Trail Runner is pleased to host the premiere of this film. The filmmaking vet Katie Moore, of Chamonix, France, followed three trail runners as they sought to take athlete Rickey Gates’ Every Single Street concept to its next level. Or, at least, an entirely different kind of level. Moore has produced videos for Kilian Jornet, along with numerous brands and editorial outlets.
Gates, a Trail Runner Contributing Editor, started running the streets of San Francisco on November 1st, 2019. Over the course of 46 days, he ran—yes—every single street, tallying 1,317 miles in the process.
Filmed this past spring in the high Alps hamlet of Le Tour, not far from Chamonix, France, Every Single Street: Le Tour follows three trail runners as they tackle this … unusual project.
The stats speak for themselves:
Time: 13 minutes 31 seconds.
Distance: 1.23 kilometers.
Vert: 34 meters.
The film also features cameos from several notable runners, who participated at great risk to their professional trail-running careers and their reputations. The elite list includes Black Diamond athlete Hillary Gerardi, Salomon athlete Mimmi Kotka and Gates himself, also sponsored by Salomon.
“I don’t know what 1.23 kilometers is in miles,” said Gates, referring to the project. “I’m guessing it might be close to a mile?”
Apparently duped by a barrage of texts and emails from a variety of fictitious marketing companies, Trail Runner interviewed the team behind the film, which included runners Mike Ambrose, Steph Lefferts and Doug Mayer, along with filmmaker Moore.
Trail Runner: Who dreamt up this concept?
Mike: Not me. Never in my wildest dreams …
Doug: I’ll take the blame. I admit it. I dream big. Really big.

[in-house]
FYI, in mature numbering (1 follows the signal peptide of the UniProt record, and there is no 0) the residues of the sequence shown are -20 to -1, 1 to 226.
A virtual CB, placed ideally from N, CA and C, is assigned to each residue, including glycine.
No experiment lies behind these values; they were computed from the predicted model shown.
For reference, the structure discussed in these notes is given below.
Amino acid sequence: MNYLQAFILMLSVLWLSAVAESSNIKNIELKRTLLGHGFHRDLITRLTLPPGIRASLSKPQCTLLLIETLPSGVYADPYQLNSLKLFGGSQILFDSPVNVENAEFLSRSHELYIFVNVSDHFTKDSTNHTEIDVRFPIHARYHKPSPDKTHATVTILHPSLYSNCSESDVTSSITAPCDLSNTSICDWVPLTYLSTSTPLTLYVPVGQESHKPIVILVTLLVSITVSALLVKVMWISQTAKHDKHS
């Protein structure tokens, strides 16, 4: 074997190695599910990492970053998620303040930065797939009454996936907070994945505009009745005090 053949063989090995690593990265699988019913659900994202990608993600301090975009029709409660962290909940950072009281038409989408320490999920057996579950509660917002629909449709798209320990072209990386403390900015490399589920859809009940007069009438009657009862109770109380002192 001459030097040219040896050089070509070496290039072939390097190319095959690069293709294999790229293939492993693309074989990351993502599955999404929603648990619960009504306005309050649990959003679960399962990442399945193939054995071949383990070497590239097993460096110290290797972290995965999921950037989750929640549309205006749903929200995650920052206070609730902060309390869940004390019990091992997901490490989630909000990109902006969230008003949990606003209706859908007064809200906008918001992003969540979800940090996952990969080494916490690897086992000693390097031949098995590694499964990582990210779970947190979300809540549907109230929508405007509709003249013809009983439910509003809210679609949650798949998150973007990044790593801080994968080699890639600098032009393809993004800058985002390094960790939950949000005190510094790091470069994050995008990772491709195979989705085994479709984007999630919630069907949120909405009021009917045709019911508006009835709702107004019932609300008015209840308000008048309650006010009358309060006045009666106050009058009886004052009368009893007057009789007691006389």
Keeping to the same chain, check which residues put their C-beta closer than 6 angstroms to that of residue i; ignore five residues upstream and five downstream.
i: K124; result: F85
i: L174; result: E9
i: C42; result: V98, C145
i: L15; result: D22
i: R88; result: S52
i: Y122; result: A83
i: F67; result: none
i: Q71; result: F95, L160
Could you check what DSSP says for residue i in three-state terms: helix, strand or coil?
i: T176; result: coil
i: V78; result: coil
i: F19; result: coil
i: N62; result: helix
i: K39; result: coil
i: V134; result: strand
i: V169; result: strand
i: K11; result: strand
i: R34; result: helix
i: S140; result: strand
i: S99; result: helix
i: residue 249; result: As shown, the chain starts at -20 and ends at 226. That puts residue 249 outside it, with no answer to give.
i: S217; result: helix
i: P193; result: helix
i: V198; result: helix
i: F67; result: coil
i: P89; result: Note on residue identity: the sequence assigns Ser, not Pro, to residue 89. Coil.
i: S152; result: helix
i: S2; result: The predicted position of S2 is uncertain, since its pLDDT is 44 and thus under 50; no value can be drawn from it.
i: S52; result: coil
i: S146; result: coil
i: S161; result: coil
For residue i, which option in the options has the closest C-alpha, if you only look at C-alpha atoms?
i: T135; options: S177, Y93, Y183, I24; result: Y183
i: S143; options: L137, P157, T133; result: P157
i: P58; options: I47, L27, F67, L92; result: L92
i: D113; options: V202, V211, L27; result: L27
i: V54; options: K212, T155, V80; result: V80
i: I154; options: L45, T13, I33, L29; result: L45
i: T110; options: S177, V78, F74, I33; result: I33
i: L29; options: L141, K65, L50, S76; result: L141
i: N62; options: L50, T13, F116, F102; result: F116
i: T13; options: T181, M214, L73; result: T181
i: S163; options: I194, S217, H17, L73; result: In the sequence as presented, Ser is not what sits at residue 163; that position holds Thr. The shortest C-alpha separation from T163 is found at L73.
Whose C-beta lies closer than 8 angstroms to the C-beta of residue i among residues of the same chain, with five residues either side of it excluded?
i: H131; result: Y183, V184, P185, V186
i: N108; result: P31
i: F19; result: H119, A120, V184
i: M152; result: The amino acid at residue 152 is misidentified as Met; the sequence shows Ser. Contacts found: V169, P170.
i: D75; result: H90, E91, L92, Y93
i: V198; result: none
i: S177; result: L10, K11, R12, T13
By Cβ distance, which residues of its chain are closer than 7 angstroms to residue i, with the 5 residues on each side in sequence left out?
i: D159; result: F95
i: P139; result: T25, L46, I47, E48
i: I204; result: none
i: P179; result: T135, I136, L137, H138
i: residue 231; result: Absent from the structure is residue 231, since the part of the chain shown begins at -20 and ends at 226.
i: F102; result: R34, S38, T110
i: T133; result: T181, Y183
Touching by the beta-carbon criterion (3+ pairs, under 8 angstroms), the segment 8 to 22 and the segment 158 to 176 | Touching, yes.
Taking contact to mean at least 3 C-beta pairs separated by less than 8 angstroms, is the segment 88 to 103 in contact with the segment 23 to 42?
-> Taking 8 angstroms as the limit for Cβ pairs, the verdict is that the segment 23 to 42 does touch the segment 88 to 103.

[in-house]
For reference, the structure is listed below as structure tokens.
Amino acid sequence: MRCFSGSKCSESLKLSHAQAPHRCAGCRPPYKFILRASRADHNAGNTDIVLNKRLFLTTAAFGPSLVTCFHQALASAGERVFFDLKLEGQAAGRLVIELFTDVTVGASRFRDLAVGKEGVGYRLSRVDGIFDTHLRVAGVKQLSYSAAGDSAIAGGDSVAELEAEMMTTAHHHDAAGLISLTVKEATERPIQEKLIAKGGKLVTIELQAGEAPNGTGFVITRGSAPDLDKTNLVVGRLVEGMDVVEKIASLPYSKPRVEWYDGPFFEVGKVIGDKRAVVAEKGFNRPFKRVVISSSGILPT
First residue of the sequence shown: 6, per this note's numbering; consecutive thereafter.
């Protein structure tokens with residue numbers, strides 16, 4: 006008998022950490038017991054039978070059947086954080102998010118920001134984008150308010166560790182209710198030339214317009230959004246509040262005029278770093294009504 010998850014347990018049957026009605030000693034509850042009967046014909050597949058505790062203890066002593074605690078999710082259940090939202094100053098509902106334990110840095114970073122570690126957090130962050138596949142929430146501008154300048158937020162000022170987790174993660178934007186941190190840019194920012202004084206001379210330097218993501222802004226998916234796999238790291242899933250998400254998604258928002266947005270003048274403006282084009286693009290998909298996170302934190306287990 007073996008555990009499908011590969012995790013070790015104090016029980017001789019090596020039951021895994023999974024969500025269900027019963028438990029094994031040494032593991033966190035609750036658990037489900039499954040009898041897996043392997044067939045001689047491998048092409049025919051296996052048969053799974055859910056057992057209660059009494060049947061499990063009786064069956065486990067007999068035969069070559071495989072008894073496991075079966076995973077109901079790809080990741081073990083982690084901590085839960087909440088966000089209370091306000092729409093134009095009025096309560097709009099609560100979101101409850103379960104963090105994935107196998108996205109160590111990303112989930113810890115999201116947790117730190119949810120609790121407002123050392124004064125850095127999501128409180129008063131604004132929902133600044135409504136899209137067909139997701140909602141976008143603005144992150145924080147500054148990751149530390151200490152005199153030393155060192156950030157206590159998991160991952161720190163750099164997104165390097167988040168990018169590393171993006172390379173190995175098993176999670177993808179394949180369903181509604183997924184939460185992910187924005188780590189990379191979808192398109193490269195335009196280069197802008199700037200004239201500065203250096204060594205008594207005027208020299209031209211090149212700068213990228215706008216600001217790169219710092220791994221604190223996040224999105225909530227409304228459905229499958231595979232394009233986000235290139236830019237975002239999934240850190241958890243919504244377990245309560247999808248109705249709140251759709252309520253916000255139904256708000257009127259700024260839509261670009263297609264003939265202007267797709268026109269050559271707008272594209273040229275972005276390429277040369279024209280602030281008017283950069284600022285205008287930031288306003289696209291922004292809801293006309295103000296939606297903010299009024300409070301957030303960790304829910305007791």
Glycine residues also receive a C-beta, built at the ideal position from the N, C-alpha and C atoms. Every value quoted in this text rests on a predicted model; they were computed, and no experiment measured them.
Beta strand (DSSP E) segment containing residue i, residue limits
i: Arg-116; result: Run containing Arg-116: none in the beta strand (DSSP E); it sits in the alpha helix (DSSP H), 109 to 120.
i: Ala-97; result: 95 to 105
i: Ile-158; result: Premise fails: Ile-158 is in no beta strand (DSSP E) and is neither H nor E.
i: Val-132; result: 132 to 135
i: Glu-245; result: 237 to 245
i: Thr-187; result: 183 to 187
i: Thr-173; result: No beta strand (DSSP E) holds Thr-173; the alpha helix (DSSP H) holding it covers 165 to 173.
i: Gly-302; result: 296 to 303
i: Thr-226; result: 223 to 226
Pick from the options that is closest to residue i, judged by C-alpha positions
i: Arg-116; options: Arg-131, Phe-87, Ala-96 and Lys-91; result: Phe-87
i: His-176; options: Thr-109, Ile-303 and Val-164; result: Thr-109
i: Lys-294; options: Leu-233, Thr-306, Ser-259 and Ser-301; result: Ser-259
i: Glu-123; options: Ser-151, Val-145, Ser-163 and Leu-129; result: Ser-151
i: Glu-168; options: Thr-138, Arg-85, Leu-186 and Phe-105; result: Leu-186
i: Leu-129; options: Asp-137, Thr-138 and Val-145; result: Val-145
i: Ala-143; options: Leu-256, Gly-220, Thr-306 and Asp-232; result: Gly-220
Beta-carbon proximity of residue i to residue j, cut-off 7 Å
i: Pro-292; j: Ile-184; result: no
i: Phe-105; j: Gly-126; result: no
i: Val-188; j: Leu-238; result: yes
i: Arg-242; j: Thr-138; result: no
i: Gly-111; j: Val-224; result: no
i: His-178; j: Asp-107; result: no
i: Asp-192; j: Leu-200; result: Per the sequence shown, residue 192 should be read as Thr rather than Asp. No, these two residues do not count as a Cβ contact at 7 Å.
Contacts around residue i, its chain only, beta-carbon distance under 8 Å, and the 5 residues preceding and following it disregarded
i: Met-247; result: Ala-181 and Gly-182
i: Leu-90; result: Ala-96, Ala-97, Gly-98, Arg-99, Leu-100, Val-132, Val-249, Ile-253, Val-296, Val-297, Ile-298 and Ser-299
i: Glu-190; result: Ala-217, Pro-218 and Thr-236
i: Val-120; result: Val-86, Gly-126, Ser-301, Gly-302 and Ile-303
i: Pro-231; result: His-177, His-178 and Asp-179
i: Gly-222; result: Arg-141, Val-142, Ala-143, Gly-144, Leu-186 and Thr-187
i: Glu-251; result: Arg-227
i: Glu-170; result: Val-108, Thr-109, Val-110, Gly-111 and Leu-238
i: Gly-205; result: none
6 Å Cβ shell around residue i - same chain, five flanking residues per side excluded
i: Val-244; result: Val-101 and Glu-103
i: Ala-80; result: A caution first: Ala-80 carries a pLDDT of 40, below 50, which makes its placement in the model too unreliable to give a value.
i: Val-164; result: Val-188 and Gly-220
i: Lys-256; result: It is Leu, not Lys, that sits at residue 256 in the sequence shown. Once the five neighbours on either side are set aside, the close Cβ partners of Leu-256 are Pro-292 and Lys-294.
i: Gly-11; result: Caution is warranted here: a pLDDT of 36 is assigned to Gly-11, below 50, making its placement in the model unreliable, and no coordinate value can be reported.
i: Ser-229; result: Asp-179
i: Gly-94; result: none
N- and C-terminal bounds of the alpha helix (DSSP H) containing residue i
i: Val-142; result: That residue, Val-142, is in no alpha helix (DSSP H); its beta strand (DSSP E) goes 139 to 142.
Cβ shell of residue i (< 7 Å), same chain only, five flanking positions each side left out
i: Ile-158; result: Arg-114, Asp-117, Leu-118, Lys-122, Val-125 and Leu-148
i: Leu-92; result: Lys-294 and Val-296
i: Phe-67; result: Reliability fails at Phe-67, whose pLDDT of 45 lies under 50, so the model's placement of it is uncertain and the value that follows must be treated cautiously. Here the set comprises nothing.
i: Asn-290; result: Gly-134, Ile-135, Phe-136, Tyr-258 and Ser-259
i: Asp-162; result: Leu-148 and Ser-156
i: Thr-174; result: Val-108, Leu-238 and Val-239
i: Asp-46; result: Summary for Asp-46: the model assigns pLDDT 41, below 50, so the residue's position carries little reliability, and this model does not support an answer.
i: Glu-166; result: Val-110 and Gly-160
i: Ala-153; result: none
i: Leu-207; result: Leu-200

Steph: Let’s just say Doug’s not a “What if” kind of guy.
TR: There’s some palpable tension within the group at a few points in the film. Care you talk about that?
Steph: It’s true, but I also think that’s part of every epic adventure.
Mike: Well if Doug wasn’t such a–
Steph: Let’s not go there.
Doug: I get feisty when I’m hungry. I’m a two-croissant guy when it comes to breakfast.
Mike: We got through it. We’re alive, and better for it.
TR: Katie, there’s always a give-and-take between capturing a moment and not trying to impact it, as with Jimmy Chin filming Alex Honnold on El Cap. How did you balance that challenge over the course of the run?
Katie: I try to take an observational approach. I don’t want the camera to influence the action during those critical dozen minutes. The challenge was staying one step ahead. That’s no easy feat with athletes like these three. My experience working on Kilian’s record attempts definitely paid off.
TR: Rickey Gates said your project was at the intersection of brilliance and athleticism. How does that make you feel?
Doug: Rickey’s a personal hero. He’s on my short list with Neil Armstrong, Captain Sully Sullenberger and Carson and Joe from Team America. So, yeah, it means a lot.
What Rickey accomplished running every single street in San Francisco was impressive, but—and I don’t mean to take anything away—I just thought there was … room for something entirely different.
TR: Gates’ new film, TransAmericana, is also out now. Does that help or hurt you?
Mike: The timing is pretty coincidental. Maybe a little too coincidental.
Doug: I would expect his cameo in our film would help him out quite a bit. We’re expecting royalty payments.
Steph: Our film is around nine minutes long. So, if you don’t have an hour and 15 minutes, you can watch our film and still go for a run.
TR: What’s next for your team?
Steph: We’re looking for a town with a stop light. We’re also eyeing a few Fastest Known Times.
Mike: It’s 300 meters from my apartment to a donut shop.
Doug: We’re ordering Spot beacons and an official announcement will be coming soon. That’s going to be bigger than the Grand Canyon rim-to-rim. I guarantee it.
TR: Good luck with that guys. It’s been … interesting. Thank you.